• Priority Mail sees increases of 3 percent for packages 1 – 5 pounds, 8.2 percent increase for packages greater than 6 pounds, 7.2 percent increase for cubic, regional flat rate sees an increase of 3.3 percent
  • First Class Package Services increase 6 percent
  • Economy Parcel Select packages see an increase of 5.9 percent for DDU induction if they are 1 – 10 pounds and 10 percent increase for oversized.
  • Economy Parcel Select Lightweight packages see an 18.8 percent increase if they are less than a pound.
  • First Class Package Services see a 6 percent increase for 1-4 ounces

More than half of the increase is driven by parcel select, which is used by large and medium-sized parcel shippers and private parcel companies like Amazon, UPS and DHL who outsource their volumes to USPS.

 

 

More than half of the increase is driven by parcel select, which is used by large and medium-sized parcel shippers and private parcel companies like Amazon, UPS and DHL who outsource their volumes to USPS.

FedEx rate increases

FedEx increases are effective on January 4, 2021. In addition to the rate hikes that we will lay out below, FedEx has also added a 6 percent late fee that will be effective on January 21, 2021. This fee is for outstanding invoices not paid on time. FedEx has also added more zip codes to the current final mile delivery area surcharges, which means customers will pay an additional cost for services. Below are some specific rate hikes from FedEx.

  • FedEx Ground & FedEx Home delivery shipment rates will increase an average of 4.9 percent.
  • FedEx US Export and Import delivery list rates will increase an average of 4.9 percent.
  • FedEx US Express overnight delivery rates will increase by an average rate of 4.9 percent.
  • FedEx Smart Post, Ground Heavyweight, and International Premium service will also increase.
  • FedEx Freight will increase between 4.9 and 5.9 percent for customers.
  • FedEx Ground Minimum will increase from $8.23 to $8.76, which is about a 6.5 percent rate increase.
ITS Logistics fedex and ups trucks

UPS rate hikes

The UPS rate increase is effective before the end of the year, on December 27, 2020. They also note that UPS SurePost will be impacted by peak and COVID-19 surcharges, in addition to the general rate increase. Both UPS and FedEx have halted their money-back guarantees due to COVID-19. This means that shippers are losing a minimum of 8 to 10 percent of the annual revenue spent each year.

  • UPS Ground Service shipment rates will increase an average amount of 4.9 percent.
  • UPS Domestic Air Express overnight delivery rates will increase an average of 4.9 percent.
  • UPS US Export and Import delivery rates will increase an average of 4.9 percent.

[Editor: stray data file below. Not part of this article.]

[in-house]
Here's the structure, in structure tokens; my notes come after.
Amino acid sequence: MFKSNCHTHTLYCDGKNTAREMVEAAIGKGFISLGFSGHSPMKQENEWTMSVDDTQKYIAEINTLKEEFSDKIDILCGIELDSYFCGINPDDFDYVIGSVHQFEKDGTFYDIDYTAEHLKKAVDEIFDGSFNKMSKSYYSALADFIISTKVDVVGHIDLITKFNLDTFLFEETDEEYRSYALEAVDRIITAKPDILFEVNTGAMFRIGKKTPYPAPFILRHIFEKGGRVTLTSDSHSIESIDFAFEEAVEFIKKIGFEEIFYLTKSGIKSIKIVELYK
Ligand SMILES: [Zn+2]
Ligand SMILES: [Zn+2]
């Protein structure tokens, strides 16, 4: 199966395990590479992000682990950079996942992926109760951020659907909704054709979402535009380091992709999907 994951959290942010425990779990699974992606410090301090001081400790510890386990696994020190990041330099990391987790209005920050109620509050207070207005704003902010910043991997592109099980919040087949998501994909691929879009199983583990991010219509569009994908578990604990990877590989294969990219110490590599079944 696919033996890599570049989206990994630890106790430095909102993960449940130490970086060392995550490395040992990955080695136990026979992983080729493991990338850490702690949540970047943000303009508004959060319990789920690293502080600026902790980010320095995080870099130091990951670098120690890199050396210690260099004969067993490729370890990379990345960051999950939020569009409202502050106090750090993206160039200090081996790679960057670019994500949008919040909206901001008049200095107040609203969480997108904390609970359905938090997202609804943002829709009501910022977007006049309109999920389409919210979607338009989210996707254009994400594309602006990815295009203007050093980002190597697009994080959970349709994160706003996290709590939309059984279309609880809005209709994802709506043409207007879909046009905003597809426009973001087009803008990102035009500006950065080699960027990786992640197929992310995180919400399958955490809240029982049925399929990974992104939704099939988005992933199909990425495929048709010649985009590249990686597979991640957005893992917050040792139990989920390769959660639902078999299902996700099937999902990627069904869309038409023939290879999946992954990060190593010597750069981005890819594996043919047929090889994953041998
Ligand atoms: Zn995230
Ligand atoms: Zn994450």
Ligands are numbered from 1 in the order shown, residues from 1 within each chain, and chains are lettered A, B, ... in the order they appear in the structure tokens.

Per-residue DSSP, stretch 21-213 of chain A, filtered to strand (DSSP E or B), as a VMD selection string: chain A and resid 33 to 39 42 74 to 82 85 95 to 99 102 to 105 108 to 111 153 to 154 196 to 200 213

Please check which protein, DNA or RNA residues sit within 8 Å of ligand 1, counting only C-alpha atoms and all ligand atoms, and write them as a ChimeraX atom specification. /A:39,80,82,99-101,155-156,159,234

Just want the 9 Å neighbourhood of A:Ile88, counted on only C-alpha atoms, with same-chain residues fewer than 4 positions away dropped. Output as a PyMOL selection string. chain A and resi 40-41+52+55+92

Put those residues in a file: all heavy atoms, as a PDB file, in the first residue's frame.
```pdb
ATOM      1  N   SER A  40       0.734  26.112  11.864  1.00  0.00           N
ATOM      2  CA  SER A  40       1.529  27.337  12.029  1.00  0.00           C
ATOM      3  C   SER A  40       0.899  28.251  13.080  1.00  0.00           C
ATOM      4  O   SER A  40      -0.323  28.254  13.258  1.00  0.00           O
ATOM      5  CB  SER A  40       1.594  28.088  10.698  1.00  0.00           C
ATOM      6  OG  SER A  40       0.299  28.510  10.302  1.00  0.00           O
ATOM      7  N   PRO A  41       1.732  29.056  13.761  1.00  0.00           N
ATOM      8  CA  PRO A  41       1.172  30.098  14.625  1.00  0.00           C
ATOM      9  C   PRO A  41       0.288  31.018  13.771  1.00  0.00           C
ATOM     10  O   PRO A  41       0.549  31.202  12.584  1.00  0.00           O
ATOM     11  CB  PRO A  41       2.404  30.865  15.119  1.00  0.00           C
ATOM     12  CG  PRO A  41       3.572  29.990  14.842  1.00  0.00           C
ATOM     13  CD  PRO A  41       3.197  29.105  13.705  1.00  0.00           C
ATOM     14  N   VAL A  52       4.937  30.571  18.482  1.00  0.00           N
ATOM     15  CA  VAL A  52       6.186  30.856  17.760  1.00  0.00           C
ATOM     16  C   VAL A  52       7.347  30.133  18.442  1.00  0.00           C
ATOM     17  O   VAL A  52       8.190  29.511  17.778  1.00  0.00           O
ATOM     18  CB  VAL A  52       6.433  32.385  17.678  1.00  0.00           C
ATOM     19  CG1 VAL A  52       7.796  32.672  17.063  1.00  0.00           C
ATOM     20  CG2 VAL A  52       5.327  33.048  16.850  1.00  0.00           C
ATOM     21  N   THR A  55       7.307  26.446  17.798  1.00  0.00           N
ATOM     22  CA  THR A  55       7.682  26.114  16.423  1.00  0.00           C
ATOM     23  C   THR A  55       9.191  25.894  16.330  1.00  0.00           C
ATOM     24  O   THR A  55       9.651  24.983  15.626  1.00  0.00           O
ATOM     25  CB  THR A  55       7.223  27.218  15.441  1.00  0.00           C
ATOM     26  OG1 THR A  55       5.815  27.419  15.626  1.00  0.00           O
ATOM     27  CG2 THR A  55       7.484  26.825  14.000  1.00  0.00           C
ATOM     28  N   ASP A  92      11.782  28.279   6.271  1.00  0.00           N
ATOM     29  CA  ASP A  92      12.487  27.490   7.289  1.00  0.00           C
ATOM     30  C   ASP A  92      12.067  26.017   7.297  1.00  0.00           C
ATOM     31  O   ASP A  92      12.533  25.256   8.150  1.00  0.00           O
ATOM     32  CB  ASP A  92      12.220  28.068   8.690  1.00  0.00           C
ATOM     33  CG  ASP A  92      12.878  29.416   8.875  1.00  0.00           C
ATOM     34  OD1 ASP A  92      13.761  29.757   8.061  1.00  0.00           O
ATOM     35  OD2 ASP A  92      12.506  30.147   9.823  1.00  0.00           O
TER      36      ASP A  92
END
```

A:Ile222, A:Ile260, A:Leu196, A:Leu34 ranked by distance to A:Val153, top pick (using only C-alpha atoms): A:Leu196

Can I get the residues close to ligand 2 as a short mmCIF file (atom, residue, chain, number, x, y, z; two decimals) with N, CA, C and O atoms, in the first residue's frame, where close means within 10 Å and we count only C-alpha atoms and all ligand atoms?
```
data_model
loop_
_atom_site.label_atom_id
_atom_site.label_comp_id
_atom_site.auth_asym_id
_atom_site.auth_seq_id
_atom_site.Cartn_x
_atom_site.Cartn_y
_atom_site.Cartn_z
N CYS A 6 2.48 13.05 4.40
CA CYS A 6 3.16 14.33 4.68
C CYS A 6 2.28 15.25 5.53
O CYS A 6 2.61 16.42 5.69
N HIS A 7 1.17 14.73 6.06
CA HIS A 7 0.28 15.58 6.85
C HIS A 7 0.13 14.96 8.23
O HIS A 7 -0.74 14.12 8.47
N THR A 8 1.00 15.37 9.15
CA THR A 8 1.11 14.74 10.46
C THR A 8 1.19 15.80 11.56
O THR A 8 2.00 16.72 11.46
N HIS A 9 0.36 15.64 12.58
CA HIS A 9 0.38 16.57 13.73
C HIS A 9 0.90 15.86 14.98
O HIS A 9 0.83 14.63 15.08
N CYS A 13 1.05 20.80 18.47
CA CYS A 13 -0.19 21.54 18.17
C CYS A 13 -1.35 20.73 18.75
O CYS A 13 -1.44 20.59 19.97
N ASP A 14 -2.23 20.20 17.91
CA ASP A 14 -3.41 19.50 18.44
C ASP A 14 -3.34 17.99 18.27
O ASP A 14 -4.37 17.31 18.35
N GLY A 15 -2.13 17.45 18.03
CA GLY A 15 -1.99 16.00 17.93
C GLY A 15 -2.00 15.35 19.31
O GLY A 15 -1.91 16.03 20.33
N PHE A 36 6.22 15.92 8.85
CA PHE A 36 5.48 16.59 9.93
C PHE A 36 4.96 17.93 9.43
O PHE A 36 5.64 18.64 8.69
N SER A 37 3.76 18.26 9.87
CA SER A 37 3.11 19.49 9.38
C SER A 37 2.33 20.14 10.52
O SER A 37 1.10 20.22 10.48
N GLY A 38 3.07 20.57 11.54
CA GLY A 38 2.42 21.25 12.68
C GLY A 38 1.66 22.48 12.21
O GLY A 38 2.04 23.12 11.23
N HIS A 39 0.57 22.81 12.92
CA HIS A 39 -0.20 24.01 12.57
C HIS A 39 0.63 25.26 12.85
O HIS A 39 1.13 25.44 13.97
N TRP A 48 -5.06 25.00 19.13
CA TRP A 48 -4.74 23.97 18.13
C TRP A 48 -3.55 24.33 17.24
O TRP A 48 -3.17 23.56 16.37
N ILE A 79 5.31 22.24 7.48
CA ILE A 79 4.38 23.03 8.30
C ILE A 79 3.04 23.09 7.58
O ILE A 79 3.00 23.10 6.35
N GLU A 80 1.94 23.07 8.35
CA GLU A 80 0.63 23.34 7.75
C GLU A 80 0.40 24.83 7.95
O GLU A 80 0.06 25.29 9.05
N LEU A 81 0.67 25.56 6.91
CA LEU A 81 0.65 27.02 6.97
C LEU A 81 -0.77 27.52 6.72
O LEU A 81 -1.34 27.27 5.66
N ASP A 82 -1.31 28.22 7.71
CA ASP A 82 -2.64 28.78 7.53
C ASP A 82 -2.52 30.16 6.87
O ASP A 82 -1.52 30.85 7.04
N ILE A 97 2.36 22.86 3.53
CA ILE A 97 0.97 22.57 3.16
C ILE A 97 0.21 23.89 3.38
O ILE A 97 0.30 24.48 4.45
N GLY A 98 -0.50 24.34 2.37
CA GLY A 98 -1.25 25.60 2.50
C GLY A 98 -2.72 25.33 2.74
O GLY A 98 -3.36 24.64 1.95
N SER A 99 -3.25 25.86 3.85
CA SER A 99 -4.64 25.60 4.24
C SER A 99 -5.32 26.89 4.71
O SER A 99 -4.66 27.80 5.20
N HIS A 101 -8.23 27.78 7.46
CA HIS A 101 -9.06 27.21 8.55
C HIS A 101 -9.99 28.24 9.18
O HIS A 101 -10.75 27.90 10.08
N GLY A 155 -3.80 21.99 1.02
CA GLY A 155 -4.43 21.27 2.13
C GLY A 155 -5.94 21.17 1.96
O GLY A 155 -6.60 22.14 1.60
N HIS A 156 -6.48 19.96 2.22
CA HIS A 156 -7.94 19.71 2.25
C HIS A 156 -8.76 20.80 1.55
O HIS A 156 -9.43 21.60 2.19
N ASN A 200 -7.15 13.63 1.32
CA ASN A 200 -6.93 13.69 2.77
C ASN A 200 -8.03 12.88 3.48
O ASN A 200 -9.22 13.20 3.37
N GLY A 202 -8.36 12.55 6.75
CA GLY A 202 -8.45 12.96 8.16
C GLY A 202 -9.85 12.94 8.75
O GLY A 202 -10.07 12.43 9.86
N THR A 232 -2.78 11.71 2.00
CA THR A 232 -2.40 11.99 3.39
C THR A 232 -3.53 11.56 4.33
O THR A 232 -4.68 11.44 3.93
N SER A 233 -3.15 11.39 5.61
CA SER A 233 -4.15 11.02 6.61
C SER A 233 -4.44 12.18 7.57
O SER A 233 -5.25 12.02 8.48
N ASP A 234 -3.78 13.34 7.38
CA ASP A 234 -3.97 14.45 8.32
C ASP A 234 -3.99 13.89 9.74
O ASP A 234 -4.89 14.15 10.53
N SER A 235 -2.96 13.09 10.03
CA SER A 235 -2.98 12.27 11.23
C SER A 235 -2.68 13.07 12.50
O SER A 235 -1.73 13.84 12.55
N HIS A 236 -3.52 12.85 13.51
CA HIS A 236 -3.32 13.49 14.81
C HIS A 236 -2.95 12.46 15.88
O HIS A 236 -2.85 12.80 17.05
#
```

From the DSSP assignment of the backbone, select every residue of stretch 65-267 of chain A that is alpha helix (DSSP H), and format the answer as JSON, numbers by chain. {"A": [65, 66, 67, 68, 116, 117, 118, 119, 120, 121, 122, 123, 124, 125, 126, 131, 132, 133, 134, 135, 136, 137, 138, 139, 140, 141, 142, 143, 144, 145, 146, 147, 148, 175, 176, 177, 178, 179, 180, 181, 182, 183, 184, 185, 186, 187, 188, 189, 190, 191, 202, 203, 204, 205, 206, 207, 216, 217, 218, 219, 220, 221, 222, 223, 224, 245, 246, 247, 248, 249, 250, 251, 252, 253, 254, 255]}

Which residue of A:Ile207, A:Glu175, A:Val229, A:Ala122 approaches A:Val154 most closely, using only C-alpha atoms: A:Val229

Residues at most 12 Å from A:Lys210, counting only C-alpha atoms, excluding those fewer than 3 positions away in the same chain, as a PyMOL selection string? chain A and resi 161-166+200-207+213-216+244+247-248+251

• UPS Freight will increase between 4.9 percent and 5.9 percent for customers.
  • UPS Ground Minimum package rates will increase from $8.23 to $8.76 or an additional $0.53 per shipment, which is about a 6.5 percent rate increase.
  • Effective January 10, 2021, an Additional Handling charge will be applied to any package with its length plus girth combined exceeding 105 inches
  • Effective April 11, 2021, Additional Handling and Large Package Surcharge rates for non-Hundredweight Service packages will differ by zone, and effective July 11, 2021, Additional Handling and Large Surcharge rates for Hundredweight Service packages will differ by zone.

Both UPS and FedEx have halted their money-back guarantees due to COVID-19. This means that shippers are losing a minimum of 8 to 10 percent of the annual revenue spent each year.

 

 

 

 

This year’s shipping problems will reshape fleet strategies for 2021

The pandemic, economic recovery and holiday seasons have all worked together to put a huge amount of stress on the shipping industry. Ecommerce sales saw a massive spike and many brick and mortar stores have seen a decrease in sales. This trend has sped up the drastic shift to ecommerce. Many companies believed they had three years to execute on ecommerce growth, but the pandemic hit suddenly and accelerated that growth which means shippers and retailers have had much less time to make the transition. The shipping and logistics problems that many businesses experienced this year will reshape fleet strategies for the future. USPS and UPS are experiencing delays due to significant increases in volume and decreases in employee availability. Shippers are at a vital point where they need to pivot their strategies from physical to digital in order to meet demand. Many industry experts believe the strain on shippers will continue after Christmas as holiday returns and spikes in COVID from holiday gatherings will extend it. Even after the pandemic subsides, ecommerce and fast delivery expectations will continue to be strong. It is worth noting that retailers did not successfully achieve 1-day delivery expectations in 2020. On average, they took 2.8 days to fulfill orders this year, compared to 1.8 days in 2019. Now is the perfect time to pivot your supply chain and business model to improve your customer experience with this information in mind.

 

 

 

 

Many industry experts believe the strain on shippers will continue after Christmas as holiday returns and spikes in COVID from holiday gatherings will extend it.

 

 

 

 

Study the shipping industry trends to prepare for what is coming next

It’s hard to know exactly what 2021 will bring, but the shipping trends outlined above should give you an idea of what to expect. Continuing to perfect your omnichannel and ecommerce fulfillment strategies with options like buy online pick up in store (BOPIS) and flexible shipping options, planning ahead for shipping rate increases, preparing for continued shipping delays, and analyzing your carrier contracts now are great places to start. For more information or to see if ITS Logistics can help you with your 3PL and shipping needs in 2021, contact us today.

How can we help you? Call (775) 353-5160 or fill out a short form today.